What Does It Mean When My Employer Is Self-Insured for Ohio Workers’ Compensation?
The Ohio Bureau of Workers’ Compensation (BWC) permits a small number of companies to self-insure themselves against workers’ comp claims. Such an arrangement can make securing workers’ comp benefits a little tougher, but the basic rules regarding who can apply and which criteria must be used to grant or deny a claim remain the same.
The biggest difference for a worker is that all initial decisions regarding their workers’ comp claim will be handled within the company. This is opposed to in the standard situation, called a “state fund” claim, where an injured or ill worker will spend most of their time dealing with the BWC.
Equally importantly, a self-insured employer has legal duties to clearly inform its employees of this fact. Requiring an employer to disclose its status as self-insured for workers’ comp claims is intended to minimize delays and confusion for workers who have grounds for applying for benefits.
The short and accurate answer is money.
The fees that the BWC charges Ohio employers reflect the number of employees and the value of approved claims. Companies that employ thousands of people end up paying large sums into the state workers’ compensation fund each year. Self-insuring for workers’ comp claims has the potential to reduce employment costs.
But—and this is a big but—companies that opt to self-insure only really save money if they deny a large share of applications for workers’ comp benefits. This means that a self-insured company has a financial incentive to strongly contest and find reasons to reject claims for the coverage of medical bills and the replacement of lost wages.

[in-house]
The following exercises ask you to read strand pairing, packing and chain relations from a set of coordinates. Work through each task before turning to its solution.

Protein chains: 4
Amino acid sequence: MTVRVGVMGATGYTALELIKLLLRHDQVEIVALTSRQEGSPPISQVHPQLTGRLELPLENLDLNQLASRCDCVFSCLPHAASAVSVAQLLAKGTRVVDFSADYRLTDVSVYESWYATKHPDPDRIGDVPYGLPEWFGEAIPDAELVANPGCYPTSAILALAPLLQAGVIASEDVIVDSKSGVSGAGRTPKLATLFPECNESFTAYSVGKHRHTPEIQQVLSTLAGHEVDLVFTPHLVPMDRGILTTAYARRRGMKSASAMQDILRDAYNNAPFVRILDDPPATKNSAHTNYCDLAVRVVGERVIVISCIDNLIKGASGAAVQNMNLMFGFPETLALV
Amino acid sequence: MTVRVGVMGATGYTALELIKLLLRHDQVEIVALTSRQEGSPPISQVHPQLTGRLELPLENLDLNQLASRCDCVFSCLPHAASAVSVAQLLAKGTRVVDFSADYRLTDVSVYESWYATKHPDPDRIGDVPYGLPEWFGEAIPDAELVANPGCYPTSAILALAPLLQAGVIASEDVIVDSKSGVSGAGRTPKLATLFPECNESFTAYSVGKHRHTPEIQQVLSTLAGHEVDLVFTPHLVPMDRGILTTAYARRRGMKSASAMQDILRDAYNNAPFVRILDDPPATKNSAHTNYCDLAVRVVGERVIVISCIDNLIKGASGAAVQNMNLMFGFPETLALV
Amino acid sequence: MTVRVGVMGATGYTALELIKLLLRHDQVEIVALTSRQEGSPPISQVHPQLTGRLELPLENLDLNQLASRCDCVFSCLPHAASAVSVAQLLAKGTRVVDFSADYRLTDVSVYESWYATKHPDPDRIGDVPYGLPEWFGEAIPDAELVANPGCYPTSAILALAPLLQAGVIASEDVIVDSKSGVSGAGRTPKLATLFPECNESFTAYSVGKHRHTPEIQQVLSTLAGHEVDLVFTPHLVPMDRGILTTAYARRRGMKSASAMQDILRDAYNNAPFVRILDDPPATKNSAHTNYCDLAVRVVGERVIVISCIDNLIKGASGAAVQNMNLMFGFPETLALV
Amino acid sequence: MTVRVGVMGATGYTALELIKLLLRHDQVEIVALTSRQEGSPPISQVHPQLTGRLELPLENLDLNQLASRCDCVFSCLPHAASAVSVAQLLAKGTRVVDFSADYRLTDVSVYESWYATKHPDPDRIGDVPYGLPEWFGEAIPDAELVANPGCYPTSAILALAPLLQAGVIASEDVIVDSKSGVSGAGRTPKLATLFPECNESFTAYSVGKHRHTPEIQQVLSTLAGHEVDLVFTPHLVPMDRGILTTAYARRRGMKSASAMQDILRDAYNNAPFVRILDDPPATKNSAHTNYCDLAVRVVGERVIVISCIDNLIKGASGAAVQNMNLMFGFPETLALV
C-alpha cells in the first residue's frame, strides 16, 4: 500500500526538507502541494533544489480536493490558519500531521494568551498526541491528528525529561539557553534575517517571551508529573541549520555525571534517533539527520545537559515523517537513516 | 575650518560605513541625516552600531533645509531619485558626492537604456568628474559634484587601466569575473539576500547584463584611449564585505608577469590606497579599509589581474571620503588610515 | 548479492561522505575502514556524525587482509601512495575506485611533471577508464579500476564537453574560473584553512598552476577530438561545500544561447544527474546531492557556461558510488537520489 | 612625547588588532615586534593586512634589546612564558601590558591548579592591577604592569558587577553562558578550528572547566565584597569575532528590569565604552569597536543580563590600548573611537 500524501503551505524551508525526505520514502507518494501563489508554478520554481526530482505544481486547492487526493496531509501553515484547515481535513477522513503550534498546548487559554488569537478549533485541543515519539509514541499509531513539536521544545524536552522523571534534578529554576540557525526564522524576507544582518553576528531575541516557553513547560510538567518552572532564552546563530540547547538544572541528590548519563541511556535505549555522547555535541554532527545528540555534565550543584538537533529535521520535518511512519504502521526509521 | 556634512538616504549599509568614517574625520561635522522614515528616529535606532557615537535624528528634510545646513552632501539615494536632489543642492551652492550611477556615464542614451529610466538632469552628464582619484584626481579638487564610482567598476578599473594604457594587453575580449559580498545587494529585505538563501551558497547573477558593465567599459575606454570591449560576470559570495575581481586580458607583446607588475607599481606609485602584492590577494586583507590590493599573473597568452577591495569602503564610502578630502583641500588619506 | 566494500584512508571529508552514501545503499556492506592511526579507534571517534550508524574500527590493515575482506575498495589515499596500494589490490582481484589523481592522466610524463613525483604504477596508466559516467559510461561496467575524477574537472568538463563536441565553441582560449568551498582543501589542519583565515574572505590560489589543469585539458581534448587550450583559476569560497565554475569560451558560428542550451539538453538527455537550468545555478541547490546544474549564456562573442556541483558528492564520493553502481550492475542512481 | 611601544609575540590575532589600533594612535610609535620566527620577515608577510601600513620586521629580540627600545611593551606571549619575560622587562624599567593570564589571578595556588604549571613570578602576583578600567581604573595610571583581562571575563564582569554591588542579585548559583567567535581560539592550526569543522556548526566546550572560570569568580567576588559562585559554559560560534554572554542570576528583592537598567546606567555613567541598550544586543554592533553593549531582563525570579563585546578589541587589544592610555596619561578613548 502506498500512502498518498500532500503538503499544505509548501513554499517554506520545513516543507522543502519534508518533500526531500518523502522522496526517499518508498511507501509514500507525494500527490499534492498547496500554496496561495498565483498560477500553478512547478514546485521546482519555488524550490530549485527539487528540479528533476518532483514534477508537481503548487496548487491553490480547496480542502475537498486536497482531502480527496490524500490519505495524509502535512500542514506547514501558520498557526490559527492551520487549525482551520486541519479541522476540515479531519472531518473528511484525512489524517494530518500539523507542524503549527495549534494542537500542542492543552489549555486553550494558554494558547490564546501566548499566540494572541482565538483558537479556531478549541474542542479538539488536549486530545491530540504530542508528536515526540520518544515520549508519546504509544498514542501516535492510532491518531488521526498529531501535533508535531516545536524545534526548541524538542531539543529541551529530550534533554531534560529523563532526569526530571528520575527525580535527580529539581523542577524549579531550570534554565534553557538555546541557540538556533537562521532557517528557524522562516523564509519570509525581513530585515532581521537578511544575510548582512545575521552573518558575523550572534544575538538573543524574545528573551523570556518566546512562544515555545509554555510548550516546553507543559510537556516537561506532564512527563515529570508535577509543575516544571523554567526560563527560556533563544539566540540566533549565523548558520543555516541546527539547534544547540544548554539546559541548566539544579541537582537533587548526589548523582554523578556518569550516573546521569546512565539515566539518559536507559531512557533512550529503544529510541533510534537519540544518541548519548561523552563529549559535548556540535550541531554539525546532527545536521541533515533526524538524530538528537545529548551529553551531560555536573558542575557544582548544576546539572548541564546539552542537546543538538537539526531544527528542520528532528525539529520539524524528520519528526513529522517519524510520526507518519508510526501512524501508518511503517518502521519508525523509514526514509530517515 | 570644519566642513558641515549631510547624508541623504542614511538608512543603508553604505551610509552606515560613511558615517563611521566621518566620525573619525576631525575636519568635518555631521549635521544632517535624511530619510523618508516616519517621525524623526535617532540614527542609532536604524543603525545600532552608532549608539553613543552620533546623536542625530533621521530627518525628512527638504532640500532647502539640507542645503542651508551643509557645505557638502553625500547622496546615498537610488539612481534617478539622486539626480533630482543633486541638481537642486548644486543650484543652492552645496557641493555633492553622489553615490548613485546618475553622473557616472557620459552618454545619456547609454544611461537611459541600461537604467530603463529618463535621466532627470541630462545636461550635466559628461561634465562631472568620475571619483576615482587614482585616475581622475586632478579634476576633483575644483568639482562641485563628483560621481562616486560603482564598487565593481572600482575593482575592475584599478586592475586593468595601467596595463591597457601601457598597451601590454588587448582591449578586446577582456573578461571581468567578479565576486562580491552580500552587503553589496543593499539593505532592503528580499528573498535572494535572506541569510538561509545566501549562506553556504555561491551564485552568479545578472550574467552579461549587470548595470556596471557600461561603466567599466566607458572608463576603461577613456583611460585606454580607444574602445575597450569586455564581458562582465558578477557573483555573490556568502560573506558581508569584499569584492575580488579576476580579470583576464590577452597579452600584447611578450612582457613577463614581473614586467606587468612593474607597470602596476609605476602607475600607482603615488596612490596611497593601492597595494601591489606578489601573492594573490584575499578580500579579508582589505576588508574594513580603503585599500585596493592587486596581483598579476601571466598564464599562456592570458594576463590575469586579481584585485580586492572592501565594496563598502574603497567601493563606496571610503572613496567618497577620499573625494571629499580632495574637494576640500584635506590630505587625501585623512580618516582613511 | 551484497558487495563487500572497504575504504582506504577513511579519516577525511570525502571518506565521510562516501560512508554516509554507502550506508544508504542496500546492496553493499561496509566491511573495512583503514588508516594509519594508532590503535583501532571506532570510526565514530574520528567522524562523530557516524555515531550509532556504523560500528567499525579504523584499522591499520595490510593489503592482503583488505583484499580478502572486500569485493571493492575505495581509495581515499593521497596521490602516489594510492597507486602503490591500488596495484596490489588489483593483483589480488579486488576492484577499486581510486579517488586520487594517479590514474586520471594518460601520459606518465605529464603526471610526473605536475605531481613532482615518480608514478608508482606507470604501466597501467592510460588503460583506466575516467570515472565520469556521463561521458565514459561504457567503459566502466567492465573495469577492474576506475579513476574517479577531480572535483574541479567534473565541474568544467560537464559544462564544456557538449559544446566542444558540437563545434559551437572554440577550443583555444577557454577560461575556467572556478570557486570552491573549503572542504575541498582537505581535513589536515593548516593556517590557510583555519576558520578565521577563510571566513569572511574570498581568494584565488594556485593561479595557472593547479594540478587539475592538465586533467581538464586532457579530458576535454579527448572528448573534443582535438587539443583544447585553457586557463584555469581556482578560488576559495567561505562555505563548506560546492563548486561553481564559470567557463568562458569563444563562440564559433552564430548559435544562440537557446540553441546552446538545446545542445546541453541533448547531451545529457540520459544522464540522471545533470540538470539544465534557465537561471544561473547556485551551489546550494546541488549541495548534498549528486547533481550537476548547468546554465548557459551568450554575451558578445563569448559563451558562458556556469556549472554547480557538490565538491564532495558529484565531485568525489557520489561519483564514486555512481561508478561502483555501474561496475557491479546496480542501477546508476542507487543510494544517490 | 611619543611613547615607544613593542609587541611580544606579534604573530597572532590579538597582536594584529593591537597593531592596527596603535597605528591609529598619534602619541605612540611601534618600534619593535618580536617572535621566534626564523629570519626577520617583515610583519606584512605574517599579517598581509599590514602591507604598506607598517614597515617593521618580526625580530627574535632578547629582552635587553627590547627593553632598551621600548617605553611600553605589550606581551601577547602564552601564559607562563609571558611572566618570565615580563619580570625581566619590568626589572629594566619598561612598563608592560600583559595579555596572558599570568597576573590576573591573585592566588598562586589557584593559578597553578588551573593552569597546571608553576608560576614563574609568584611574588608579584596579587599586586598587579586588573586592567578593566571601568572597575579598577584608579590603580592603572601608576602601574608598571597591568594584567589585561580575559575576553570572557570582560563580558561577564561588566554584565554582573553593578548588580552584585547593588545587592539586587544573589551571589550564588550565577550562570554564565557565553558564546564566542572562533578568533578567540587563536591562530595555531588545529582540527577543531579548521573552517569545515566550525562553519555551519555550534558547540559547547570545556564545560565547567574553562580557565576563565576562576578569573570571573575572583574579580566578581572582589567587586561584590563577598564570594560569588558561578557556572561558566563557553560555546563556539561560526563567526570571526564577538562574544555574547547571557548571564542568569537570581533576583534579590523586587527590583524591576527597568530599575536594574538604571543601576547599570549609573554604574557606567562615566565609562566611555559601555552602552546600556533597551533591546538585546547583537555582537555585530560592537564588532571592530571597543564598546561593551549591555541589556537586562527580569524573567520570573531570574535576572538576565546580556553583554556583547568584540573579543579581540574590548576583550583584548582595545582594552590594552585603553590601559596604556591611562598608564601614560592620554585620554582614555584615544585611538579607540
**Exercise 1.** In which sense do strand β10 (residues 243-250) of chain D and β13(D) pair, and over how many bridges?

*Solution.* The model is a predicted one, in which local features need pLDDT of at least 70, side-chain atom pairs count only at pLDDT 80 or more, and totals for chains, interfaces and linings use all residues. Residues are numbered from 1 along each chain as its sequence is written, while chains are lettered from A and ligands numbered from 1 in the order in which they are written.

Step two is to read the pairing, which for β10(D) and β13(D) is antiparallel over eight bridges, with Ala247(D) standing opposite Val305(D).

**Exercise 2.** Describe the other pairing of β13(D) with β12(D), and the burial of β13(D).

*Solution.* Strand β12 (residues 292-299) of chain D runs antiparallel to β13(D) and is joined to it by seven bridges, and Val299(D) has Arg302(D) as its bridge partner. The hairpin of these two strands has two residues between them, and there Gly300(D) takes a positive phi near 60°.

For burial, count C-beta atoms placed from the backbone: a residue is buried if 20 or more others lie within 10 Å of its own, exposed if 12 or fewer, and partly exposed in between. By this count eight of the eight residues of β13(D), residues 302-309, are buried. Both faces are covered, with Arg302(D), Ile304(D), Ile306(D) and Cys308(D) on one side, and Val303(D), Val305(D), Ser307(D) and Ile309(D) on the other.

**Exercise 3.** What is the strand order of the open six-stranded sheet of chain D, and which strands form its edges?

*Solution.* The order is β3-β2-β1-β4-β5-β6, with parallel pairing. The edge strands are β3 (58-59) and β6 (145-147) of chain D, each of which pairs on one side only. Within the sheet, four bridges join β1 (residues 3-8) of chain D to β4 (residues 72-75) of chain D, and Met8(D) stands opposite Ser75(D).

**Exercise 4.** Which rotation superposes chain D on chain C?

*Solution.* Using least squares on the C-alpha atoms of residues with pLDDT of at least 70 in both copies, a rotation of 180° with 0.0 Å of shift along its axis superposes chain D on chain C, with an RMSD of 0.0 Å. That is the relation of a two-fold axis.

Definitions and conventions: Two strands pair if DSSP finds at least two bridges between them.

An initial rejection does not have to stand as a final answer, however. Employees of self-insured employers in Ohio can appeal rejections of workers’ comp claims. Such appeals can be pursued with representation from a lawyer who has experience helping people who suffer work-related injuries or who develop occupational illnesses.
Additionally, a worker whose injury or illness was caused by a negligent third party such as a driver who does not work for the same company or the maker of a defective tool may have grounds for filing a personal injury lawsuit. Speaking with an attorney will clarify whether this a viable option.
The BWC makes provisions for individuals who do not work for traditional employers to purchase what the bureau calls elective coverage. Different types of elective coverage policies exist for each of the following people with nontraditional employment arrangements:
When a person who purchases their own Ohio workers’ comp policy has a claim, they apply to the BWC for benefits. The firm that issued the elective coverage policy will also be involved in processing the claim.
Based in Columbus, attorneys with Agee Clymer are available to advise and represent employees all across the state. Whether you are applying to the BWC or dealing with a self-insured employer, you have the right to consult with and hire a dedicated workers’ compensation attorney.
Let us know how we can be of service by reaching out online. If you would prefer to speak with a layer directly, call us at (614) 221-3318 or (800) 678-3318. The first consultation is free.